Tom Yum Goong, Thainess, and the culinary history of a national staple

This past Tuesday, the cabinet gave the green light for the Ministry of Culture to move forward with proposing “tom yum goong” as a UNESCO Intangible Cultural Heritage (ICH) recognized dish, according to the Minister of Culture Ittiphol Khunpluem.

The Ministry of Culture views the soup as an important part of Thai heritage because it represents the agricultural communities in Central Thailand, reflecting the uncomplicated dietary culture that has remained constant over time. As UNESCO recognizes culinary traditions as an element of Intangible Cultural Heritage, it is not simply the dish but also its methods of preparation that are being nominated by the Ministry.

It comes as little surprise that “tom yum goong” is being proposed as a dish of significant cultural value; the soup has long been enjoyed domestically and internationally. Such a popular dish has gained a reputation for being a culinary staple, becoming associated with – and now, potentially representing – the country.

And after all, who can forget the iconic nickname of the 1997 Asian financial crisis?

But as Thailand lays claims of national heritage, what really comes into question is the history of the dish. 

“Tom yum goong” is ancient – a soup that is widely known, but not well documented. Given Thailand’s oral traditions, it makes sense that such a favoured dish would simply be passed down by word of mouth, constantly made and remade before the time of written recipes.

It’s generally believed that the abundance of freshwater shrimp in the Chao Phraya River gave rise to the dish, causing many to use it as a central component in their soups. As a result, “tom yum goong” is thought to have originated in Central Thailand. 

However, the first written record of a tom yum recipe, which dates from 1888, is titled “snakehead fish tom yum” (ต้มยำปลาช่อน). The first mention of shrimp in a “tom yum” soup is found in a “food dictionary” from 1897, written by an American missionary, in a recipe titled “tom yum goong with additional garnish” (ต้มยำกุ้งทรงเครื่อง).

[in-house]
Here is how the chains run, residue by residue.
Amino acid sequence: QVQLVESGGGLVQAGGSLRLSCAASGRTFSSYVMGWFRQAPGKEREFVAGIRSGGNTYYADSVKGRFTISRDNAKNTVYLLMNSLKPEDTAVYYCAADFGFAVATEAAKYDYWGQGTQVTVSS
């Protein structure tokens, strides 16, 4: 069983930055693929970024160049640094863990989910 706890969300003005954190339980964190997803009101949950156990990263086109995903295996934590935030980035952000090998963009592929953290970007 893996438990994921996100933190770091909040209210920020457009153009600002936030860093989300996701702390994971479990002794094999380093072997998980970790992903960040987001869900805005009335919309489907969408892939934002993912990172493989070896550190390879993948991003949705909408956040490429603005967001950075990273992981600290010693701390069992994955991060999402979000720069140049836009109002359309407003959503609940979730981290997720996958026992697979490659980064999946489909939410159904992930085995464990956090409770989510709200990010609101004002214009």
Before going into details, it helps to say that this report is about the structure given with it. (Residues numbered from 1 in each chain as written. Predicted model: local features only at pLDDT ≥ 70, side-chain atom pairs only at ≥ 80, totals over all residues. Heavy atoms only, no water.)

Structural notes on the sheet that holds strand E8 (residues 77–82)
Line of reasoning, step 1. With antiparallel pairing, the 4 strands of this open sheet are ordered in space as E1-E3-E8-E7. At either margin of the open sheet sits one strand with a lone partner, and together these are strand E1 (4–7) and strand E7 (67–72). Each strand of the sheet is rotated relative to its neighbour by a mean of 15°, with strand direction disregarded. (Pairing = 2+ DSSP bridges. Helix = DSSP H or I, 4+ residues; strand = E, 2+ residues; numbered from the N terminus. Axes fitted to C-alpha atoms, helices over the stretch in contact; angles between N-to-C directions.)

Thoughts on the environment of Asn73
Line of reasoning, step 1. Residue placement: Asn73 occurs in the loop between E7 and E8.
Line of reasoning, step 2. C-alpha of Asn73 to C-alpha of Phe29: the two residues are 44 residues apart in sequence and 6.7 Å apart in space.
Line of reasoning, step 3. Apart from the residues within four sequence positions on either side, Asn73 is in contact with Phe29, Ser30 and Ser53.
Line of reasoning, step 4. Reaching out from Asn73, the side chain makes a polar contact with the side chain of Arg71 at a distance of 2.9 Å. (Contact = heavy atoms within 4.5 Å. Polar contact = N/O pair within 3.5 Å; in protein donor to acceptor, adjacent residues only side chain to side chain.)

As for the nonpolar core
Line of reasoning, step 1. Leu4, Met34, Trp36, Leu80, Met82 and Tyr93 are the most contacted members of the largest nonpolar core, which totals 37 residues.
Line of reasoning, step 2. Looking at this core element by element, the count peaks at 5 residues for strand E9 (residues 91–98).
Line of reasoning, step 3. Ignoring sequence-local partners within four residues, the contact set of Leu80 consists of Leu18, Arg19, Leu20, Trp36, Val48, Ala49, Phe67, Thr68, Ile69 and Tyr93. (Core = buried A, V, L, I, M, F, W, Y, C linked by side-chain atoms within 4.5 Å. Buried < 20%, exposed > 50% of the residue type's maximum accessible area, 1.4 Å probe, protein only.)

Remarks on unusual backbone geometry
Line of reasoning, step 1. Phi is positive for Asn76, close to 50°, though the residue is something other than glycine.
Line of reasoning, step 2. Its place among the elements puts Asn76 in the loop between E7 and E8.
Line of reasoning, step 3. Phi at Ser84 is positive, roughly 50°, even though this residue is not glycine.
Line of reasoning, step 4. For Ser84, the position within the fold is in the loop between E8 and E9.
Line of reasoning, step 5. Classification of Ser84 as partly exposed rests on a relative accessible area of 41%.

Though the spicy and sour flavours still lie at the core of the soup, not much else is similar. Neither recipe resembles what “tom yum goong” looks like today: the former makes use of shredded green mango and pickled garlic brine, and the latter uses the madan fruit instead of limes to achieve the sour taste. 

The three essential ingredients – lemongrass, kaffir lime leaves, and galangal – to “tom yum” soup as we know it were likely added in as the soup evolved over time, changing ingredients while maintaining its iconic, enjoyable flavours. 

It’s worth noting too how much “tom yum” recipes have actually changed in modern times, with the recent addition of coconut milk to make “creamy tom yum” or “tom yum nam khon” (ต้มยำน้ำข้น), blurring the lines between “tom yum” and “tom kha” soup.

Professional archaeologist, hobbyist gastronome, and columnist Krit Luealamai (กฤช เหลือลมัย) has previously written about how these older “tom yum goong” recipes liken more to Cambodian-style “tom yum,” as documented in a recipe book from 1907.

It’s self-evident that “tom yum goong” is a popular variant of “tom yum” soup that’s been deeply embedded in Thai culinary history. But a clearwater, hot and sour soup has long been enjoyed in East and Southeast Asia. 

Not to mention, ingredients can be found anywhere in the region: lemongrass is native to the South Asian region, galangal to China, and kaffir limes to Indonesia. Who’s to say that the very first bowl of hot and sour soup with shrimp in it was definitely made in Central Thailand?

It goes without saying that every country has developed a soup unique to local ingredients to constitute a “national cuisine,” but as we move forward with efforts to “protect” elements of modern culture as “heritage,” it’s worth taking a moment to reflect on what that word really means. 

How do the constraints of how we conceive the world today, as separate but interrelated nation states, affect how we perceive our past? How do histories of fluidity, mobility, and cultural (in this case specifically, culinary) exchange counter that? 

Photo Credit: Unilever


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